The Second Industrial Revolution also changed the physical composition of cities. The invention in the 1850s of the Otis elevator and Bessemer steelmaking process (an inexpensive process for the mass production of steel) created the material means for the rise of tall city buildings, some so tall they were said to scrape the sky—skyscrapers. The advent of trolleys and subways also allowed city dwellers to move about with ease on public transportation, encouraging developers to build new suburbs, allowing people to live outside the city center and commute to work.

Late nineteenth- and early twentieth-century American cities were energetic centers of culture and community, rich with ethnic enclaves such as “Little Italy,” places in which people of different backgrounds and worldviews lived and worked in close proximity. With museums and public libraries, colleges and universities, churches and synagogues, clubs and organizations, saloons and dance halls, shops and street life, cities were vibrant and diverse places. But America’s cities could also be geographically concentrated areas of poverty, disease, and violence.

New York City in the Gilded Age

The diversity of the nation’s cities was nowhere more on display than in the nation’s largest city, New York. At the turn of the twentieth century, New York City was the national capital of finance, industry, shipping and trade, publishing, the arts, and immigration, a magnet that drew to it much of the best and most avant-garde in art and literature. With a population of more than three million in 1900 and 4.7 million by 1910, New York was more than twice as populous than Chicago, the nation’s second-ranked city, three times as large as third-ranked Philadelphia, and six to nine times as large as St. Louis, Boston, Baltimore, and Cleveland, all urban centers of immigrants.[4]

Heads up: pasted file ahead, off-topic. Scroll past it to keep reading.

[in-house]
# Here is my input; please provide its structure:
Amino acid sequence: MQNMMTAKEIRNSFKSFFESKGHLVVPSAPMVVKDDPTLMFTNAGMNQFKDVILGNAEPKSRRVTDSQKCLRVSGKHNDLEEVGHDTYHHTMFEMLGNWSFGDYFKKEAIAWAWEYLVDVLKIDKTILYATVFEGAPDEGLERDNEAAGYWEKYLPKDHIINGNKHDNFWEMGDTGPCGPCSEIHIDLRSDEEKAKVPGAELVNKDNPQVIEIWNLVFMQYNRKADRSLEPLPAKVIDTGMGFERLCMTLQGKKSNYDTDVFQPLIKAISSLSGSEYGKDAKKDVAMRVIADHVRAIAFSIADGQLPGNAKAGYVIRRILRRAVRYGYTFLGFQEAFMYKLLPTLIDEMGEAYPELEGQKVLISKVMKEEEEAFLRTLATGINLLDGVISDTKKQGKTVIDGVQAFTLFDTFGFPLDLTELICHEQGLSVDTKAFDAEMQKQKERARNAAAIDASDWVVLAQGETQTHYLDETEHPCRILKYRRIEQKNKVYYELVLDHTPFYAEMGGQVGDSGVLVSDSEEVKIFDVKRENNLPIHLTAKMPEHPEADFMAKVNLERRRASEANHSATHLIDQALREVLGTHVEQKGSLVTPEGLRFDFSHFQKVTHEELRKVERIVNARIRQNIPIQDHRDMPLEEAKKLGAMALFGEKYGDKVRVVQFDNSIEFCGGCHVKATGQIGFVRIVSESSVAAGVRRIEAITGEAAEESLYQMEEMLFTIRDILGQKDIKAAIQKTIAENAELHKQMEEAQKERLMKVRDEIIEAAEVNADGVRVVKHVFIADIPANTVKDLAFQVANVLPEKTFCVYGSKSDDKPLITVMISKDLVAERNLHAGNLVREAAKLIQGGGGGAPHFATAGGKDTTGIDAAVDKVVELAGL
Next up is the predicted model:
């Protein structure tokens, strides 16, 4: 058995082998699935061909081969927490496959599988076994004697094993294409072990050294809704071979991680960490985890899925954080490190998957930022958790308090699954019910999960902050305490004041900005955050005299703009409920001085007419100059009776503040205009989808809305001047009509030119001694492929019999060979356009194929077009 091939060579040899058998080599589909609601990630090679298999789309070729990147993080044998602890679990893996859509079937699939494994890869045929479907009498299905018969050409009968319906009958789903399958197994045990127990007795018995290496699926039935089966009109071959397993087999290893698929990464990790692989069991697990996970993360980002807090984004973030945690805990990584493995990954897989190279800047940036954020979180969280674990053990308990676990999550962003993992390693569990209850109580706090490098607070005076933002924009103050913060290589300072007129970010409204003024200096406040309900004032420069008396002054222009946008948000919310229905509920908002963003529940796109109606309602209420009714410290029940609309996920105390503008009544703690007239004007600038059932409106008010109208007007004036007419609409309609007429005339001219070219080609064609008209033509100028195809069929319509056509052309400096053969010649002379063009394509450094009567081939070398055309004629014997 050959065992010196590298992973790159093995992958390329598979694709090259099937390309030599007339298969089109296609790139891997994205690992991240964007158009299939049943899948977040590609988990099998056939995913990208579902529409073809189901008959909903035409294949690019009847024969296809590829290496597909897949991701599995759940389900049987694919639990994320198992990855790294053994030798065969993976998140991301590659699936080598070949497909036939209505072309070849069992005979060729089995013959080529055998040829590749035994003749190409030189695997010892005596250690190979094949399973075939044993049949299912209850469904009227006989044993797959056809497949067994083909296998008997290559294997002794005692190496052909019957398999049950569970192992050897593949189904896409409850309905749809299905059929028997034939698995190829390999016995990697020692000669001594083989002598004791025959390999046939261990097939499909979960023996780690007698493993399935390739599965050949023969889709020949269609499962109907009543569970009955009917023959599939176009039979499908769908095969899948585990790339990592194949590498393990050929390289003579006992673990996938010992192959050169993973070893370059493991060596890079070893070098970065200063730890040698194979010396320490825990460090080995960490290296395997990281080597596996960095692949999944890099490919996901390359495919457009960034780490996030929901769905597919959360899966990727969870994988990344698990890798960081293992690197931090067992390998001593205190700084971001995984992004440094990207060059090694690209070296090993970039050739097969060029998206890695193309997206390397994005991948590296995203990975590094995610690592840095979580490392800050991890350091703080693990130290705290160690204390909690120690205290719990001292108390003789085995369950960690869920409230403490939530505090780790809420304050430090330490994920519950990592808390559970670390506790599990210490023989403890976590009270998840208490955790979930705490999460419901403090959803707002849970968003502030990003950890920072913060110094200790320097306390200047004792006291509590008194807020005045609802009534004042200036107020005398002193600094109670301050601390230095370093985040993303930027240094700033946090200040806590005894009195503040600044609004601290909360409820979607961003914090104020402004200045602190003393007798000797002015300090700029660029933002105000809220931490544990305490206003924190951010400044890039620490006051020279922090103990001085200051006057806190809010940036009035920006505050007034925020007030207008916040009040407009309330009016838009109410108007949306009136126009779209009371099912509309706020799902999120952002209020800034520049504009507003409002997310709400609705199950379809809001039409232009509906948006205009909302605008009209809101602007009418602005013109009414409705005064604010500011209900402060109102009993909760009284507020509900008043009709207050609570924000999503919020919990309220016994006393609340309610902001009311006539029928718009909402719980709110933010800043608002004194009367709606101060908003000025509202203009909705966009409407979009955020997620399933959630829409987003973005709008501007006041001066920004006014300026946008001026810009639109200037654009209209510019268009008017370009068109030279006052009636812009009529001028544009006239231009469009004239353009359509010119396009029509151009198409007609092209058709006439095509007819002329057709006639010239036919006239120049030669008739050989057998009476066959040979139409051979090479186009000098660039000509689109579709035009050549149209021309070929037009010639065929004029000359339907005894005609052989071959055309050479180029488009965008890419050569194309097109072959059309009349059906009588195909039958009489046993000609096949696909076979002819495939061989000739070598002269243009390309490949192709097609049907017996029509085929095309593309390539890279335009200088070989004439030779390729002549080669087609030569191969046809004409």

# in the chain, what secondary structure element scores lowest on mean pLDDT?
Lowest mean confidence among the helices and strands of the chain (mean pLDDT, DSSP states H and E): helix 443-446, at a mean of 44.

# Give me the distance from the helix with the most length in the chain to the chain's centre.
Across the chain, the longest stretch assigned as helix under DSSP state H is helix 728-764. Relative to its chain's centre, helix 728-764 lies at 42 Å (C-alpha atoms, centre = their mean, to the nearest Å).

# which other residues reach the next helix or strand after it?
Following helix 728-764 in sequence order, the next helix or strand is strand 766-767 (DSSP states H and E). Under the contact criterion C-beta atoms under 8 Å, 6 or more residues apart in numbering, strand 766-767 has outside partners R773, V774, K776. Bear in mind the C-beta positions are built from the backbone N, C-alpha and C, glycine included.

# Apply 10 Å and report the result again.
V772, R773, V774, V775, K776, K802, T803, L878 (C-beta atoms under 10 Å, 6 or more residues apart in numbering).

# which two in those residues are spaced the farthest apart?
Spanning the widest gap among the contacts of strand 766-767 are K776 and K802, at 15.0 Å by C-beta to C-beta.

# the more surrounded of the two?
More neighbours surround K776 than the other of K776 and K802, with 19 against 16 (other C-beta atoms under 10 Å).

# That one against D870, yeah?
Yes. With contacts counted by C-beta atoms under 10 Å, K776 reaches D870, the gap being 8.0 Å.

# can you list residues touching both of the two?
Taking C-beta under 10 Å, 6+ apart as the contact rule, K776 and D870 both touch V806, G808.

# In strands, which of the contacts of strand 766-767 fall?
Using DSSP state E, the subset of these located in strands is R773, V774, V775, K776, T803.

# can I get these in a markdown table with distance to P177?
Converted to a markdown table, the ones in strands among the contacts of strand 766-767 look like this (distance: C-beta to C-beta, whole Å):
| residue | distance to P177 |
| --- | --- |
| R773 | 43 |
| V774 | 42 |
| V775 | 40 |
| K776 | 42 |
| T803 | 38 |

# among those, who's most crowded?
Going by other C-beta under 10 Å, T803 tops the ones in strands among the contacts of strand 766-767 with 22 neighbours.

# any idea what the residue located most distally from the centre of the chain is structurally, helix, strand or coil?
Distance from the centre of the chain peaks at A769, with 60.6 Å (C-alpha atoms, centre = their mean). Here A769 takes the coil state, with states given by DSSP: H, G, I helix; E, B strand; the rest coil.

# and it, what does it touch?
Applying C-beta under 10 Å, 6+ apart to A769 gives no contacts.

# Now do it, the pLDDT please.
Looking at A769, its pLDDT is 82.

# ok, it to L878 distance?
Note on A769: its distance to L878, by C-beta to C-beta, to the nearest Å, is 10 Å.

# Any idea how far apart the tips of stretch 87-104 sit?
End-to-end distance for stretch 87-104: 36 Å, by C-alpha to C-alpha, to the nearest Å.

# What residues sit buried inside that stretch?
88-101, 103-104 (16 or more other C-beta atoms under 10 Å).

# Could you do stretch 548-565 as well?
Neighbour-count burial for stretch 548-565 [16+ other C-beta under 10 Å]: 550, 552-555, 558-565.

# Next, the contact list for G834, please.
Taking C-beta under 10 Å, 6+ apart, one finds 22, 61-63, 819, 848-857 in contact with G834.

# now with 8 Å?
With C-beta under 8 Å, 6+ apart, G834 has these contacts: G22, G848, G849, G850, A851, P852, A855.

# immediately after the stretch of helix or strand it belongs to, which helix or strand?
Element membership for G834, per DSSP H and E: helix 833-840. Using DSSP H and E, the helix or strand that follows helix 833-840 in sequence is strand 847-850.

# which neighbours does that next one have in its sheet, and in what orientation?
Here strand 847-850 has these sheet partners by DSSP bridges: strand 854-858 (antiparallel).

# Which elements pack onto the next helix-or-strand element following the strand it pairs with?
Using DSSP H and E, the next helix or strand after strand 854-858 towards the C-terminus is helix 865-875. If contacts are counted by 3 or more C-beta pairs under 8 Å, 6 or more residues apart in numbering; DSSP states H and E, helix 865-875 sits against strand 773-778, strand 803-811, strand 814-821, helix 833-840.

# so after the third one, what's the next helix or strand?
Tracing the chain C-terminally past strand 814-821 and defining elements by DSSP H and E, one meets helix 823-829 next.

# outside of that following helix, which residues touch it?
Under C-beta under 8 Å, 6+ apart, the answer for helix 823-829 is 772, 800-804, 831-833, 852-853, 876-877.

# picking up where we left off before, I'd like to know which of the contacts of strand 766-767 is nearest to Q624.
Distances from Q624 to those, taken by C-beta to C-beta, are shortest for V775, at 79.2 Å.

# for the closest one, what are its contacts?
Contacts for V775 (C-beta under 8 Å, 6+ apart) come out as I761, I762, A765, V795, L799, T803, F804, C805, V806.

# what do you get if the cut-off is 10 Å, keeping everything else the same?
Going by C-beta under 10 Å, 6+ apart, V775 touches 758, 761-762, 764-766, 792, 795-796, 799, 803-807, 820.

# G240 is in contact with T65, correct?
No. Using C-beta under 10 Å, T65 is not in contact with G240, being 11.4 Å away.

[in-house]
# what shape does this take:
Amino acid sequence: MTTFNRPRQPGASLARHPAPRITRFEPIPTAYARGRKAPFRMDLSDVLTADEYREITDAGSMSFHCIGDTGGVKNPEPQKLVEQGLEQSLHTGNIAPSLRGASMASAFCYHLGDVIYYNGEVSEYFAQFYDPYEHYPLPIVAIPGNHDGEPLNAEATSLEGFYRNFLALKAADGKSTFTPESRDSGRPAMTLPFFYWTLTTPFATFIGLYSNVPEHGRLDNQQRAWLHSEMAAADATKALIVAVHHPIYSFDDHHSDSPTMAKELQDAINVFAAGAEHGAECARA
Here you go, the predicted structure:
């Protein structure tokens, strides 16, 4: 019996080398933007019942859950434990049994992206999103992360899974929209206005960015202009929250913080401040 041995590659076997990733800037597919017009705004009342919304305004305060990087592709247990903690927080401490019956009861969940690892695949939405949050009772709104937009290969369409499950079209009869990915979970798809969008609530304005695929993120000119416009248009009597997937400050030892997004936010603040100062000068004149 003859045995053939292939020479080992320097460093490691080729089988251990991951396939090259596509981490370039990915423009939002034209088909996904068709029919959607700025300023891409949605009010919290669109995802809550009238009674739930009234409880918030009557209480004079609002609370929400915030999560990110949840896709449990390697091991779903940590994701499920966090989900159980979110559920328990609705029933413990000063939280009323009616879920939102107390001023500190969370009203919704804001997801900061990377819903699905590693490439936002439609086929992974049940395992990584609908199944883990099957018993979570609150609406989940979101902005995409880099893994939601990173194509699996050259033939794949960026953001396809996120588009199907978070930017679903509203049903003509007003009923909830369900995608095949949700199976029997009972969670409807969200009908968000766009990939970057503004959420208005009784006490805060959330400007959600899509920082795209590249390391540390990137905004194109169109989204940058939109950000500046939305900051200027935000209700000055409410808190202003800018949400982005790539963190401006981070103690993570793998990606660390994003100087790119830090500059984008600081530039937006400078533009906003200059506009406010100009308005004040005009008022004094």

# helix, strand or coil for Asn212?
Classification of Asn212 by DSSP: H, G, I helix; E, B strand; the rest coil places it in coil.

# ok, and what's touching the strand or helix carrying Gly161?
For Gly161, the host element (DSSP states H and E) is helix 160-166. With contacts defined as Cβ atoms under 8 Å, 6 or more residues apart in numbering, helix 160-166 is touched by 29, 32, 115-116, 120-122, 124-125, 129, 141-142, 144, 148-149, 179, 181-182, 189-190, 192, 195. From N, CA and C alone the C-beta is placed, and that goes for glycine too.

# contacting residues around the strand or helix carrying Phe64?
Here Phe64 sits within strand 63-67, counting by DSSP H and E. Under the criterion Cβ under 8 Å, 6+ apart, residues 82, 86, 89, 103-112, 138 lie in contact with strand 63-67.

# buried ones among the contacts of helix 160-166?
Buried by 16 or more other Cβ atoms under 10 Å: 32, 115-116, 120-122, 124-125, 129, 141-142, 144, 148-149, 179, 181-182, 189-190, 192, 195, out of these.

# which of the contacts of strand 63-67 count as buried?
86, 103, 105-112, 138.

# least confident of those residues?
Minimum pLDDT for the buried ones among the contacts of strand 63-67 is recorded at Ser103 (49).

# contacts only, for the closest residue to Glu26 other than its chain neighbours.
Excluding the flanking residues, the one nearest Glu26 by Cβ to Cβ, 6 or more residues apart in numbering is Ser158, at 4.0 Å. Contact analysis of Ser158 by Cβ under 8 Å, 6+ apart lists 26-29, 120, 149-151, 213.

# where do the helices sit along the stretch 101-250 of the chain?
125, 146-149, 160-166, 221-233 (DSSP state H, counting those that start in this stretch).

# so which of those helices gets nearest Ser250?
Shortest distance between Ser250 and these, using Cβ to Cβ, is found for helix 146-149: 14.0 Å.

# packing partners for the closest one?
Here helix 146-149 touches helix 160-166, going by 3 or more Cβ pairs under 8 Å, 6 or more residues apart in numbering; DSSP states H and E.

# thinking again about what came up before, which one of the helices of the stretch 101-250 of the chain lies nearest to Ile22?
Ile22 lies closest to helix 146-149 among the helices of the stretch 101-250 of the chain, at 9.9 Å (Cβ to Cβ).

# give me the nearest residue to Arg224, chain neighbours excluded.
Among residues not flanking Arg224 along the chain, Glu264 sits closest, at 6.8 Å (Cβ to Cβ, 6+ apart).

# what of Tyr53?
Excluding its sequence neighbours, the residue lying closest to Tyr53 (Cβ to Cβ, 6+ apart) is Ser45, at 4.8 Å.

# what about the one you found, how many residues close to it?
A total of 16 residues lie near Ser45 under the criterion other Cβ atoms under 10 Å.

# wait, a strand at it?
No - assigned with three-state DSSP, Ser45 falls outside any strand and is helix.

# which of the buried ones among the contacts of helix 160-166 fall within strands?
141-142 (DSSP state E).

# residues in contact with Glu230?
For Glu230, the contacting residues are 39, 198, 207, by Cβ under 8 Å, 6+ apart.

Mulberry Street in New York City, c. 1900 / Library of Congress, Public Domain

By 1910, New York’s millionaires had built palatial mansions along much of Fifth Avenue, while, at the same time, many New Yorkers lived in poverty. The Lower East Side was the most crowded neighborhood on earth, housing tens of thousands in ill-lighted, overcrowded tenements, many without running water, flush toilets, or electricity. An 1893 observer in this section of the city wrote of the “fermenting garbage in the gutter and the smell of stale beer” and the sight of exhausted sweatshop workers toiling away, sewing clothes for the garment industry.[5]


  1. See David Kennedy and Lizabeth Cohen, The American Pageant: A History of the American People, 15th (AP) edition (Stamford, CT: Cengage Learning, 2013), 539-540.
  2. On urban populations see, U.S. Department of Commerce, Statistical Abstract of the United States, 1920 (Washington, D.C.: Government Printing Office, 1921), 50-53. For more on New York in this period see, John Louis Recchiuti, Civic Engagement: Social Science and Progressive Era Reform in New York City (New York: University of Pennsylvania Press, 2007).
  3. See Jacob Riis, How the Other Half Lives: Studies among the Tenements of New York (New York: Scribner’s, 1890).
  4. On Fifth Avenue, see Henry Hope Reed, “A Stroll up the Avenue in 1911,” in David G. Lowe, New York, N.Y. (New York: American Heritage, 1968), 21. On the Lower East Side, see Kenneth T. Jackson, “Lower East Side Tenement Museum,” in The Encyclopedia of the City of New York, 697.
  5. Helen Moore, “Tenement Neighborhood Idea–University Settlement,” in The Literature of Philanthropy, ed. Frances A. Goodale (New York: Harper & Brothers, 1893), 36-48.